Put the phones down and run barefoot in the grass.

Dave Korba

I watched an episode of 60 Minutes recently about the increasing pace at which industries and governments are refining and adopting artificial intelligence (AI). One expert predicts that approximately 40 percent of the current work force—blue and white collar included—will be displaced by the advent of AI within decades.

When I was younger, the basic path for career success was, “Do well in school, get a solid education, secure a stable job and retire with a pension.” It was a logical path that fit the times just several short decades ago. That path has changed dramatically, and is now gone forever. Not only are corporate pensions a thing of the past, we are also in a dynamic era of technological growth that some applaud as progress, while others consider it terrifying.

The rate of technological change is so rapid that grade school, middle school and high school students must not only understand current technology basics to survive, but also develop lifelong skills for continual learning, adaptability and critical thinking in order to thrive in today’s and future economies.

Yet, while the pace of technological advancement increases, we cannot depend solely on technological overload to insure success for our children. This is particularly true regarding screen time for young children. A recent study published in JAMA Pediatrics confirmed that for every additional hour young people spend on social media or watching television, the severity of depressive symptoms they experience rises.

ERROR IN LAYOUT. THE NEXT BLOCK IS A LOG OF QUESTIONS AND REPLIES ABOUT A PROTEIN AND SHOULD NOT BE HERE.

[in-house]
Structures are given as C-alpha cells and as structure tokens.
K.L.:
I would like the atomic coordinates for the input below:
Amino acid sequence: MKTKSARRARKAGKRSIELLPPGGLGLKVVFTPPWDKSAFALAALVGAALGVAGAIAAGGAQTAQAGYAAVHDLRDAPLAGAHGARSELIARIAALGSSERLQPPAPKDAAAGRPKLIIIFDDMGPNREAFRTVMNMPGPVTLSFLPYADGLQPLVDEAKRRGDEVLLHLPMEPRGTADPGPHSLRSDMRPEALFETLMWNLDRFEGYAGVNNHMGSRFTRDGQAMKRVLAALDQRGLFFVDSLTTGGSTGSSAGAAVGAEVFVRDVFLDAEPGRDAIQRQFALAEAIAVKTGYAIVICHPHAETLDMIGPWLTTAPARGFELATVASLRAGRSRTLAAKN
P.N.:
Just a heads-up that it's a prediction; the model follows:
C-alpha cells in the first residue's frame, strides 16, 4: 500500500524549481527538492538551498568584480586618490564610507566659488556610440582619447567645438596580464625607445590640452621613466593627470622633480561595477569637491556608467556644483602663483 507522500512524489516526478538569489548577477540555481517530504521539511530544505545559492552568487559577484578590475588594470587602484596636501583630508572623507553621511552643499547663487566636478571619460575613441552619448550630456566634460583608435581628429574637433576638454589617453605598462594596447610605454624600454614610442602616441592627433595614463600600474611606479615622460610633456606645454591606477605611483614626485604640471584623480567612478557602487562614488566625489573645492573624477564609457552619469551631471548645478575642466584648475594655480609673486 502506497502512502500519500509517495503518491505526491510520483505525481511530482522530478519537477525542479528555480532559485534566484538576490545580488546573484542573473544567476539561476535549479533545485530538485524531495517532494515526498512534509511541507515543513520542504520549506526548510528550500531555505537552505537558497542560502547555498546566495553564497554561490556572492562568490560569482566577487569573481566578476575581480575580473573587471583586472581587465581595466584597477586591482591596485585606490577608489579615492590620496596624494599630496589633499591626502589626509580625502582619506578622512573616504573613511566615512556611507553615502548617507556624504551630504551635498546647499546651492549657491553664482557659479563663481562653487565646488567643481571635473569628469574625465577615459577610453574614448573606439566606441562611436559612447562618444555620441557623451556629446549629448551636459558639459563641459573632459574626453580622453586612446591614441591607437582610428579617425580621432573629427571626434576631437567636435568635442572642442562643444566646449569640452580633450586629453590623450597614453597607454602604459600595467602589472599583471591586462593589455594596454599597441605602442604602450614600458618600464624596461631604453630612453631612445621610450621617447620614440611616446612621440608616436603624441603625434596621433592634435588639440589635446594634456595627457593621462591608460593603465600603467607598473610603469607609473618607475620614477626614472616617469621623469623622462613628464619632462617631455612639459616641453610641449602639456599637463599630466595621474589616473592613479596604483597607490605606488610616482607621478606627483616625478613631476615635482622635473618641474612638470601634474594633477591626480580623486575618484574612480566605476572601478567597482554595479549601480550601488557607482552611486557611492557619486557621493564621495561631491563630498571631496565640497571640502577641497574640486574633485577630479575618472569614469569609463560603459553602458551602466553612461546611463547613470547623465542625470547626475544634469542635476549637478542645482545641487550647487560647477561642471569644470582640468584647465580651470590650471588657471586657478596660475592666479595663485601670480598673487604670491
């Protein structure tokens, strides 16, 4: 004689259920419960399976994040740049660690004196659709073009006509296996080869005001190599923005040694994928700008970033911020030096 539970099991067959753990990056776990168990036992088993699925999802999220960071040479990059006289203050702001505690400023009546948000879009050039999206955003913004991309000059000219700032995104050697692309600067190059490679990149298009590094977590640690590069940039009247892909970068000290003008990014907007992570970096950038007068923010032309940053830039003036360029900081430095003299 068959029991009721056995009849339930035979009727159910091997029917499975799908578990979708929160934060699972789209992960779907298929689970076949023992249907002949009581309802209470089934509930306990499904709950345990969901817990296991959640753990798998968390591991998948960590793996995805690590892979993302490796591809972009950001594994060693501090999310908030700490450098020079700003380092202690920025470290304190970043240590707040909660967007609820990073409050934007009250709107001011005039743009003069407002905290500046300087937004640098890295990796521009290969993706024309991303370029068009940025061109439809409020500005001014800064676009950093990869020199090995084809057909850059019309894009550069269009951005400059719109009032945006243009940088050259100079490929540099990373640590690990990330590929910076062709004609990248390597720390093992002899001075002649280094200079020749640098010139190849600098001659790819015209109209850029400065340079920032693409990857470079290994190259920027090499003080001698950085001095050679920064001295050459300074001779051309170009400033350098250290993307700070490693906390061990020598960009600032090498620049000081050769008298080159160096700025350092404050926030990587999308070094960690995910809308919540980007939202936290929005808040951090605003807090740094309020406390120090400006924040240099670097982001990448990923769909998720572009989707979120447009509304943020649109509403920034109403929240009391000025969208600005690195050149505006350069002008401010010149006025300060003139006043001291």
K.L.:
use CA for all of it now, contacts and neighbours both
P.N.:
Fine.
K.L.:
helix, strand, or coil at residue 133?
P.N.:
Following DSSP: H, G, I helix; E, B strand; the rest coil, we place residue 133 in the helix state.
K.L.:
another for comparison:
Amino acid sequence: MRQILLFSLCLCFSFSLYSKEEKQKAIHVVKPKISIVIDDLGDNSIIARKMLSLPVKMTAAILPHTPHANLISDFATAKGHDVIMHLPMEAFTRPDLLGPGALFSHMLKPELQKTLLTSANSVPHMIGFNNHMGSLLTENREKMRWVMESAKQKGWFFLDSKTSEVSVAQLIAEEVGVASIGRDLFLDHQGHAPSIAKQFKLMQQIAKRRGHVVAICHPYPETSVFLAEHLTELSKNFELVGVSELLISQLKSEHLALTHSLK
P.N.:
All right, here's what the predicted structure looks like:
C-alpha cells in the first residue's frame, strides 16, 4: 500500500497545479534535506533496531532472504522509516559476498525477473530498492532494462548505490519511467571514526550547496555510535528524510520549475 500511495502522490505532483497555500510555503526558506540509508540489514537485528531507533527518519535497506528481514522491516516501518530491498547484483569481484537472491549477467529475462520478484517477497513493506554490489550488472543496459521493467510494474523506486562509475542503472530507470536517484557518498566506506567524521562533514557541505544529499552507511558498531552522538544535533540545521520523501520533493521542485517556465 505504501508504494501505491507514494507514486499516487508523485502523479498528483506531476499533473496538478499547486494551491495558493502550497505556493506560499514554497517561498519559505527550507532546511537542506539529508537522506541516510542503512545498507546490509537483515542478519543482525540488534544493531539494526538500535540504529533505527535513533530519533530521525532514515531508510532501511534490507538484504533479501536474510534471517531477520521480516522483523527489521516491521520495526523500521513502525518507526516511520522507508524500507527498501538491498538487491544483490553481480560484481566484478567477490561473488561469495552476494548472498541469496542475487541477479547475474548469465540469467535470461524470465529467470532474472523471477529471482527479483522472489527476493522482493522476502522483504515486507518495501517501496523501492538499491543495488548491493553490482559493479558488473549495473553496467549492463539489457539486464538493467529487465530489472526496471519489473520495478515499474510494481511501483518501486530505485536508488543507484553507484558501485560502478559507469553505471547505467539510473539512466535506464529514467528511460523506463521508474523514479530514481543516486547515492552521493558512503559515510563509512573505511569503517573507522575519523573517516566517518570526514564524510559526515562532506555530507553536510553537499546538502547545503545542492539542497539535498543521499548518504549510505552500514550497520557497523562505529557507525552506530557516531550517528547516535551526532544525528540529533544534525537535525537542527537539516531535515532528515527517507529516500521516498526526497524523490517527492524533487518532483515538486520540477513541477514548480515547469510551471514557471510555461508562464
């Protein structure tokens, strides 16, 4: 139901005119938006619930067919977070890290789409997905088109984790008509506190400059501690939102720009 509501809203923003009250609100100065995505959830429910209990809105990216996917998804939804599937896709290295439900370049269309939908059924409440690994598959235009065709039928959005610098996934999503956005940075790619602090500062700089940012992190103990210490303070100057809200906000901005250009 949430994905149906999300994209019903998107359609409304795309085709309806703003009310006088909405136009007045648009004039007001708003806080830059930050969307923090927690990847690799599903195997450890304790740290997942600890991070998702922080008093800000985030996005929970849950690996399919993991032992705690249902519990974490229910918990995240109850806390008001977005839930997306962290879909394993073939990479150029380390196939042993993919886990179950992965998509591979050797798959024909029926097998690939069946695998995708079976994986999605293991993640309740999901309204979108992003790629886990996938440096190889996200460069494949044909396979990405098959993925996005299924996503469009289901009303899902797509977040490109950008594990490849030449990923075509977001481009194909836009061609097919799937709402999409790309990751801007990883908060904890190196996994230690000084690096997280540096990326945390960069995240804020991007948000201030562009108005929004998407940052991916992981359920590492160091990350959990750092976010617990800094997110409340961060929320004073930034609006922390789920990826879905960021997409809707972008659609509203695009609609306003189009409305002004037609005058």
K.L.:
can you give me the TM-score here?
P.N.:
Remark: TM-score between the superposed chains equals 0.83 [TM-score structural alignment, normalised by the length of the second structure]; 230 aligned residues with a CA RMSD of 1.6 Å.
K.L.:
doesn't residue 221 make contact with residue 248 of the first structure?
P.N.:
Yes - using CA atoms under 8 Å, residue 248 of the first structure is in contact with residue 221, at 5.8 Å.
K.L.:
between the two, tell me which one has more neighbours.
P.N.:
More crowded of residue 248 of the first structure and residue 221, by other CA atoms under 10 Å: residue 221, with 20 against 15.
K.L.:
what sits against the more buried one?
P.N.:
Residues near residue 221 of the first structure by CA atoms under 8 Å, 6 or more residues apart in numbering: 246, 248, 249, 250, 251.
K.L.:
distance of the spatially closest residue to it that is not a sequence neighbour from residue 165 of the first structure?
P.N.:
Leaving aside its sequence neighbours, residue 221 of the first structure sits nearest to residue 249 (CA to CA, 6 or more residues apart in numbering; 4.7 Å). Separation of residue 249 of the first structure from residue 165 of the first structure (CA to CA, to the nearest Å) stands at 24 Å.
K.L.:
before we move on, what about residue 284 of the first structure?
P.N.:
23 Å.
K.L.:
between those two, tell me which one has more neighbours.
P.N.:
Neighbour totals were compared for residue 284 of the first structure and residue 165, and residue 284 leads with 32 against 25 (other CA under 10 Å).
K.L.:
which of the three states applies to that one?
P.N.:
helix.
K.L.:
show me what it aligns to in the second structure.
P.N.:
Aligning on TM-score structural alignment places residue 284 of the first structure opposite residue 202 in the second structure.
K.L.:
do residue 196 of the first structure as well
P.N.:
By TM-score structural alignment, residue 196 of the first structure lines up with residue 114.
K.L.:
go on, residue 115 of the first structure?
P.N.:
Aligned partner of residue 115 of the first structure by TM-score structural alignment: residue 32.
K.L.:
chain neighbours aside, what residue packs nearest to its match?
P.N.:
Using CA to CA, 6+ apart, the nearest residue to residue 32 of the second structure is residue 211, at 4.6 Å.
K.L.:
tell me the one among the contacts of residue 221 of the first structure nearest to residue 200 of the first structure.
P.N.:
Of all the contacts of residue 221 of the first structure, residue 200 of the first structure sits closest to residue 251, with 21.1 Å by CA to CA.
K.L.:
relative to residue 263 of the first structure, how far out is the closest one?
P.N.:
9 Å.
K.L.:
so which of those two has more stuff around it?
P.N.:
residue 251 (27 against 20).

We must be vigilant, in spite of technology, to raise our children to be grounded, well-rounded, healthy and happy, which will give them the best opportunity for future success in a world filled with technology that did not exist just two decades ago. 

Inside this issue, Meredith Montgomery confronts these challenges head-on in “21st Century Parenting: Preparing Kids for the Future.” She offers insights into raising kind, resilient and resourceful kids in a world vastly different from the one we grew up in.

For an unscientific, yet stark indicator of the rapid rate of technological change in real world terms, I enjoyed a recent video of two teenagers using a rotary phone for the first time. The video can be found at this link: Tiny.cc/RotaryPhone.

Find time to put the phones down and run barefoot in the grass with the kids, always teaching them how to feel good, live simply and laugh more.

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